Like many of his teammates who are also recovering from surgery, Fred Davis has not yet been medically cleared to participate in team drills.
But that day could be coming soon, the Redskins’ tight end told reporters on Thursday.
“I’m right on schedule,” said Davis, who had his Achilles’ tendon repaired in late October. “I was trying to be a seven-month guy. They usually say eight or nine months.”
During OTAs, Davis, who said he’s operating at about 90-percent, will be limited to running routes and catching passes from Robert Griffin III on the portion of the field reserved for recovering players. He’ll also participate in some individual drills, including agility work and pulling a sled.
If all continues to go smoothly, Davis said he hopes to join his healthy teammates in time for mandatory minicamp, which begins June 11. If he’s not ready by then, Davis said he’ll “definitely” be full-go when training camp opens July 25.
“I feel good,” he said. “I’m running routes, making cuts, doing drills, running at my normal speed. I’m just working on more explosion. I feel like I’m at about 90-percent.”
Coach Mike Shanahan said he's pleased with Davis' progress but also indicated that the team's medical staff will proceed cautiously with him.
“The one thing with an Achilles is you don’t want guys pushing off too quickly when they’re blocking, so we’re kind of holding him back a little bit," Shanahan said. "I don’t really want him to go until we get to training camp, give him that extra time to heal up. But right now I think there should be no setback and should go full speed ahead.”
Over the next two weeks, Davis said his goal is to introduce more explosive speed to his running and start working on run blocking and pass protection.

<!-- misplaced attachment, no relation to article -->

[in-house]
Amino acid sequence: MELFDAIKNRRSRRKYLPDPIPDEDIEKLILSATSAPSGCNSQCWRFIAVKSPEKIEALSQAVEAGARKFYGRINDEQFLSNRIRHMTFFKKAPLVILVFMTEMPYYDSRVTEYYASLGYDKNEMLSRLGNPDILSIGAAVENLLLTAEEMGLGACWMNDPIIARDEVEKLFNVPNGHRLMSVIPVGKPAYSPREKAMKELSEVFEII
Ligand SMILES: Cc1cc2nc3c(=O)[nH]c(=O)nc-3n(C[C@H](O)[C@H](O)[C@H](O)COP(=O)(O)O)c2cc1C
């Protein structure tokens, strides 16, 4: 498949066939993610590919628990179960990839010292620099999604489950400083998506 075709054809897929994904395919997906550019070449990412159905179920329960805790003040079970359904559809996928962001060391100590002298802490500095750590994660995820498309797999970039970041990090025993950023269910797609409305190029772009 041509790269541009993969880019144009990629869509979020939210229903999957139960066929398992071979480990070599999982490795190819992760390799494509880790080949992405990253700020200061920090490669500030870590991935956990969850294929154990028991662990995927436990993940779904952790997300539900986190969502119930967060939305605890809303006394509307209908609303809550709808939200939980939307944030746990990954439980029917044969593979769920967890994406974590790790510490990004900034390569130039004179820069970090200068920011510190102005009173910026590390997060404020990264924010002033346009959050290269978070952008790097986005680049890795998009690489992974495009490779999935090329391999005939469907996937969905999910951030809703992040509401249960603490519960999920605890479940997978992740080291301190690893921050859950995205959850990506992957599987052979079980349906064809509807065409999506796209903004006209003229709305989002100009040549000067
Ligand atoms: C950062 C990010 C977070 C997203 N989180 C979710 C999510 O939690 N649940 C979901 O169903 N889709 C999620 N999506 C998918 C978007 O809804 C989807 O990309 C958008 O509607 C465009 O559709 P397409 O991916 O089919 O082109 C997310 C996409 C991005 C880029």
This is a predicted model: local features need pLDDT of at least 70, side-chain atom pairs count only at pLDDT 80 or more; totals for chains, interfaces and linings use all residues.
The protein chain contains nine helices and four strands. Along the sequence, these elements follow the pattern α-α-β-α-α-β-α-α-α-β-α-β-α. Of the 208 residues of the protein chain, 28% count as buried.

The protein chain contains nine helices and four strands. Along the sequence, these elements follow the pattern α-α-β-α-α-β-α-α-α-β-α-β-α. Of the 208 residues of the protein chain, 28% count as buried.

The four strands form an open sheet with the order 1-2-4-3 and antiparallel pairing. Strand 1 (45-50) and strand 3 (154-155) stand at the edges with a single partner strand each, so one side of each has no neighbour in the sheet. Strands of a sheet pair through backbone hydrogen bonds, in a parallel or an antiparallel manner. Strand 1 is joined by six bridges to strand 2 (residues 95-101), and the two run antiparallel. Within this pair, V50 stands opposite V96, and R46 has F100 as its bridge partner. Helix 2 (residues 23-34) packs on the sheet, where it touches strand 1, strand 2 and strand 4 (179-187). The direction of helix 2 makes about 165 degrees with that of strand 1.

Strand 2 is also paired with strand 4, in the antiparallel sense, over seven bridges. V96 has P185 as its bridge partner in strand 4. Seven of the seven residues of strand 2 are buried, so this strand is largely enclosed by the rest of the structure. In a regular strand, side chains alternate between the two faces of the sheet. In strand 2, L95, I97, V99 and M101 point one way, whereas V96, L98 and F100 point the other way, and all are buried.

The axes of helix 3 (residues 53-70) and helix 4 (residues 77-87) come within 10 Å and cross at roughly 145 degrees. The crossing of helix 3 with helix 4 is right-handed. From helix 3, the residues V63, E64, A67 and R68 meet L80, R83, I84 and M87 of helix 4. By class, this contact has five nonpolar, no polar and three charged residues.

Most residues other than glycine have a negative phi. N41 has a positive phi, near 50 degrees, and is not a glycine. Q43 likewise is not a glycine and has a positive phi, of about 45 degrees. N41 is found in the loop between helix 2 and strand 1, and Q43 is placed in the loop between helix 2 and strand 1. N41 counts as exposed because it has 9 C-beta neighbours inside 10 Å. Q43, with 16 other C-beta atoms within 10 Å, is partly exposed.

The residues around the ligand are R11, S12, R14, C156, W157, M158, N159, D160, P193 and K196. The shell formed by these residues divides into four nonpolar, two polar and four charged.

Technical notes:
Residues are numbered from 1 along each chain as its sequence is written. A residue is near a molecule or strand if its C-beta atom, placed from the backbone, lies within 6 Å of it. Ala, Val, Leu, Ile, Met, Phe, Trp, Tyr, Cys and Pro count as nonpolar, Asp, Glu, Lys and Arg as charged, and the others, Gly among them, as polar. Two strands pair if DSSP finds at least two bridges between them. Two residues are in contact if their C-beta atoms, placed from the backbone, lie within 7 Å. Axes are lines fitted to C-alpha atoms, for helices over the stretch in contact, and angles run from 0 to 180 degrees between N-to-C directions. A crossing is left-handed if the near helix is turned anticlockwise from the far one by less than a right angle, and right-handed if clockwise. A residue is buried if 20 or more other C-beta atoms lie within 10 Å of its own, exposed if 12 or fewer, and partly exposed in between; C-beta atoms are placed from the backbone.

The upcoming season figures to be a critical one for Davis, who had set himself up for a career year in 2012 before tearing his left Achilles’ while running a routine route against the Giants. He signed a one-year contract extension in March, then the Redskins drafted another pass-catching tight end – Jordan Reed – in April’s draft.
Davis said he didn’t consider the selection of Reed to be a threat to his job security. The sixth-year pro considers the No. 1 tight end job to be his and said he intends to earn a long-term contract extension in Washington.
“He was the best on the board for them,” Davis said of Reed, who is also nursing an injury. “He’s a good player. To me, it’s the NFL, there’s always competition. As far as me re-signing [next year], I know what I’m going to do. I don’t what that means for the second tight end.”
From what Davis has been able to see of Reed, though, he said it's possible they could make for a dangerous duo in two tight end packages.
“He’s a good player,” Davis continued. “He’s more like a big receiver. He definitely has good hands and runs good routes. Even though he’s not running [full speed] right now, I can see …he’ll be an added factor. We’re stacked at our position.”